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“Veni. Navati. Vici.” They came. They swam. They conquered.

The Varsity Reds men’s and women’s swim teams took home 19 medals from the Atlantic University Sport (AUS) championships in St. John’s, N.L.

In the last eight years the V-Reds have only come out with a high of 12 medals, and last year only took home eight.

Friday saw six medals for the V-Reds. Fourth year Kaitlyn Young won gold in the 100 m fly and teammate Kate Lantz took the bronze. Rookie Eyad Albassiouny took the silver for 100 m fly in the men’s. Amanda Greene saw silver for the 50 back and Lauren Adam got silver for the 100 breast.

Juliana Vantellingen, Sarah Lynch, Kate Lantz and Jessica LeBlanc nabbed the bronze in the 4×100 free relay.

“Maybe three years ago was the last time we won an event [with women’s] with Danielle Losier,” said head coach Robin Ferdinand. “So Kaitlyn’s win was the first one in three years.”

Six was their lucky number, getting six more medals in Saturday’s events. Albassiouny, Young – who took two – and Adam saw silver in their individual events, and in the women’s 4×200 free relay, LeBlanc, Lynch, Young and Vantellingen took silver. Chris Garcelon got third in the 200 breast, and teammate Lantz took the bronze in the 200 fly.

They couldn’t keep their streak of six medals a day going, but came close on Sunday with five.

Young, Greene and LeBlanc each got bronze and Adam had the only silver for individual events in the 50 breast. The women’s 4×100 relay took another silver for the medley relay.

But the event resulted in more than just medals for the V-Reds. Adam and Vantellingen each qualified for the Canadian Interuniversity Sport (CIS) championships on Feb. 22 to 24. They are joining Albassiouny and Young who qualified for the event a few weeks prior.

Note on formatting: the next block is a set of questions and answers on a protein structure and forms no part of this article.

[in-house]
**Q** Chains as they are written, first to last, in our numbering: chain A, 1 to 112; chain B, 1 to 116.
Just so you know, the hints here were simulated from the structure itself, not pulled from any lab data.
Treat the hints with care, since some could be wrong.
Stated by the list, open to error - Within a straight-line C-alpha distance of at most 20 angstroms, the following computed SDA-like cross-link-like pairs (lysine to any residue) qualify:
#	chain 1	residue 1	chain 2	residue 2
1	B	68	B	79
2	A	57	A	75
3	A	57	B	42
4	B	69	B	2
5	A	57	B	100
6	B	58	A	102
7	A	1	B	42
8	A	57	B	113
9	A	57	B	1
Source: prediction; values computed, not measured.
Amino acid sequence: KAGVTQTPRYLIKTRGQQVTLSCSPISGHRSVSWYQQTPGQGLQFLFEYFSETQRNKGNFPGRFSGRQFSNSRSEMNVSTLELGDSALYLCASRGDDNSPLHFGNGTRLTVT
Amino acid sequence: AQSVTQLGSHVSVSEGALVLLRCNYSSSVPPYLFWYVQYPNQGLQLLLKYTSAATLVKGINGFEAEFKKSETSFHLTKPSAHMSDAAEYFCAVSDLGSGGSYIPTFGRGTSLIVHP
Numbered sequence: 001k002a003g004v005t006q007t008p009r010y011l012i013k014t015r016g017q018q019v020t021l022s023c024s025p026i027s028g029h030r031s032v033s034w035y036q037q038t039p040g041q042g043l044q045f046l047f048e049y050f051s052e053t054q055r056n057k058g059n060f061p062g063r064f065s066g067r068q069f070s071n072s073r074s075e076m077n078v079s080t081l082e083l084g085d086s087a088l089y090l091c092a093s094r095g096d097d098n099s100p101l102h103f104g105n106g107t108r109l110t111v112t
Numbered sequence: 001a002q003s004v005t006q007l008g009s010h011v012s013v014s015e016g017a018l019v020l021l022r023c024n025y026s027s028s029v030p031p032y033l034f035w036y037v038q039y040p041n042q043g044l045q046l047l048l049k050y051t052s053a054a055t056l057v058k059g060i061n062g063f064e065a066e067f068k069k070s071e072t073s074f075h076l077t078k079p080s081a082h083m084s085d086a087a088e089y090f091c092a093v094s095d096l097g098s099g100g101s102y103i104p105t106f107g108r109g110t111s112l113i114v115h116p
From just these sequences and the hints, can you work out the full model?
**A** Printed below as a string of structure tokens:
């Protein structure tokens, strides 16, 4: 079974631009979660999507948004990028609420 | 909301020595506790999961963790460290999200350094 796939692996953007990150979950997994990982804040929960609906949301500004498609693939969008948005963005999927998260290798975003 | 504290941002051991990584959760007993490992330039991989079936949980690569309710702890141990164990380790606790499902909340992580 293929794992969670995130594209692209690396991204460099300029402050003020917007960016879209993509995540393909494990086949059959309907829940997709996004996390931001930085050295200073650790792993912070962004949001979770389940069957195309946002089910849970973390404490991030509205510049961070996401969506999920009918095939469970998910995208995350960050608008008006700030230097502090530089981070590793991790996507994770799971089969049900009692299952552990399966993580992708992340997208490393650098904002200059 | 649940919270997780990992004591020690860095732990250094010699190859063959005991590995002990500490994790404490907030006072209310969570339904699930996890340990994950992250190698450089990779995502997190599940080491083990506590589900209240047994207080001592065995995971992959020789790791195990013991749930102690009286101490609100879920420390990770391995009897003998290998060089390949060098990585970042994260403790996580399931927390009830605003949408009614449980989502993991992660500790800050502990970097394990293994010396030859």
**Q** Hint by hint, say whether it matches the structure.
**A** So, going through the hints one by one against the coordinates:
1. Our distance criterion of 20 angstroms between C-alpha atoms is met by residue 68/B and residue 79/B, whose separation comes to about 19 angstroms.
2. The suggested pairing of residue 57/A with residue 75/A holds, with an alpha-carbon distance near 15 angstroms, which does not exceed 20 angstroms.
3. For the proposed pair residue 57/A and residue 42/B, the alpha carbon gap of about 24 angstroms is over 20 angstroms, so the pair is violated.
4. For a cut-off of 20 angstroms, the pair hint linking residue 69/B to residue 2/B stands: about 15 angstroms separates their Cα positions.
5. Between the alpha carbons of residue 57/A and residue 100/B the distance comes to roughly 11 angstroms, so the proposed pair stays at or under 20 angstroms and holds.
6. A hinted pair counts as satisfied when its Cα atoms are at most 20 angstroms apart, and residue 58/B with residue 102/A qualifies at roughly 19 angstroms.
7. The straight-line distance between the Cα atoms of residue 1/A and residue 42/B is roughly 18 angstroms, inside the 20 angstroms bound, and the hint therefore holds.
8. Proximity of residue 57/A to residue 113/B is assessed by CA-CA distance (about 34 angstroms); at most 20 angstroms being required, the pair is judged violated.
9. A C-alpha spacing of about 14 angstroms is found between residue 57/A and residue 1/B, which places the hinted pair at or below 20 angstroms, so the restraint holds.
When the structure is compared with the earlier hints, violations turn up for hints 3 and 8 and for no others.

“They qualified about 10 minutes apart, so that was crazy,” said teammate Brandon Warren. “I had to calm myself down. I was probably more excited for their races than I was for mine.”

If a team has three of one gender going to nationals – in this case, three women – CIS regulations allow them to bring one more woman to round off the relay team. Greene, who just missed the CIS qualifying time, will also be joining the V-Reds at nationals.

“I think it’s going to be a really good experience for her,” said Ferdinand. “And next year she’s going to be hungry to make the standard.”

It wasn’t just the upper-years taking the race: two first-year swimmers made their names known at the meet.

Ferdinand she is excited for the coming years in swimming, having a strong first-year presence with Albassiouny and Adam qualifying for CIS their first season.

“The future looks good,” she said.

But the one thing standing between Albassiouny and straight gold medals is Olympic swimmer David Sharpe.

“Unfortunately, really, [Eyad] is one of the top five swimmers in the AUS, but he swims all the same events as David Sharpe, who’s an Olympian,” said Ferdinand. “So it’s hard to compare.”

With AUS championships now out of the way, the team is focusing on the quick turnaround to CIS nationals – there’s only an 11-day break between meets.

They will be jamming in the metres and working on speed, then tapering off over the weekend and spending next week working on quality over quantity.

Ranked around 15th in the country, Ferdinand is hoping to have all her swimmers make the B finals – rank ninth to 16th.

“And if they can make the A final [top eight] – that would be amazing.”

Over the past two years, however, the time standards have become noticeably shorter. The 400 free went from a 4:29 time to a 4:24, the 50 m breaststroke from a 34:50 to 33:77 and Young’s event, the 100 fly, went from a 1:04:29 to a 1:03:50, almost a full second’s difference.

The standards are ranked based on the average of 16th place over the last five years.

“If we went by the standards from two years ago I think we would have nine people to qualify, but they’ve dropped down so much that we have a lot of people right on the cusp,” said Ferdinand. “So, we’re getting there, and now we have to get ahead of the curve.”

As an individual sport, she said it’s not like team sports with only a few national players sprinkled in. At CIS, all the national team members and Olympians are attending university, and will be competing, and this year will be seeing much of the 2012 Olympic team.

“It’s going to be fast.”

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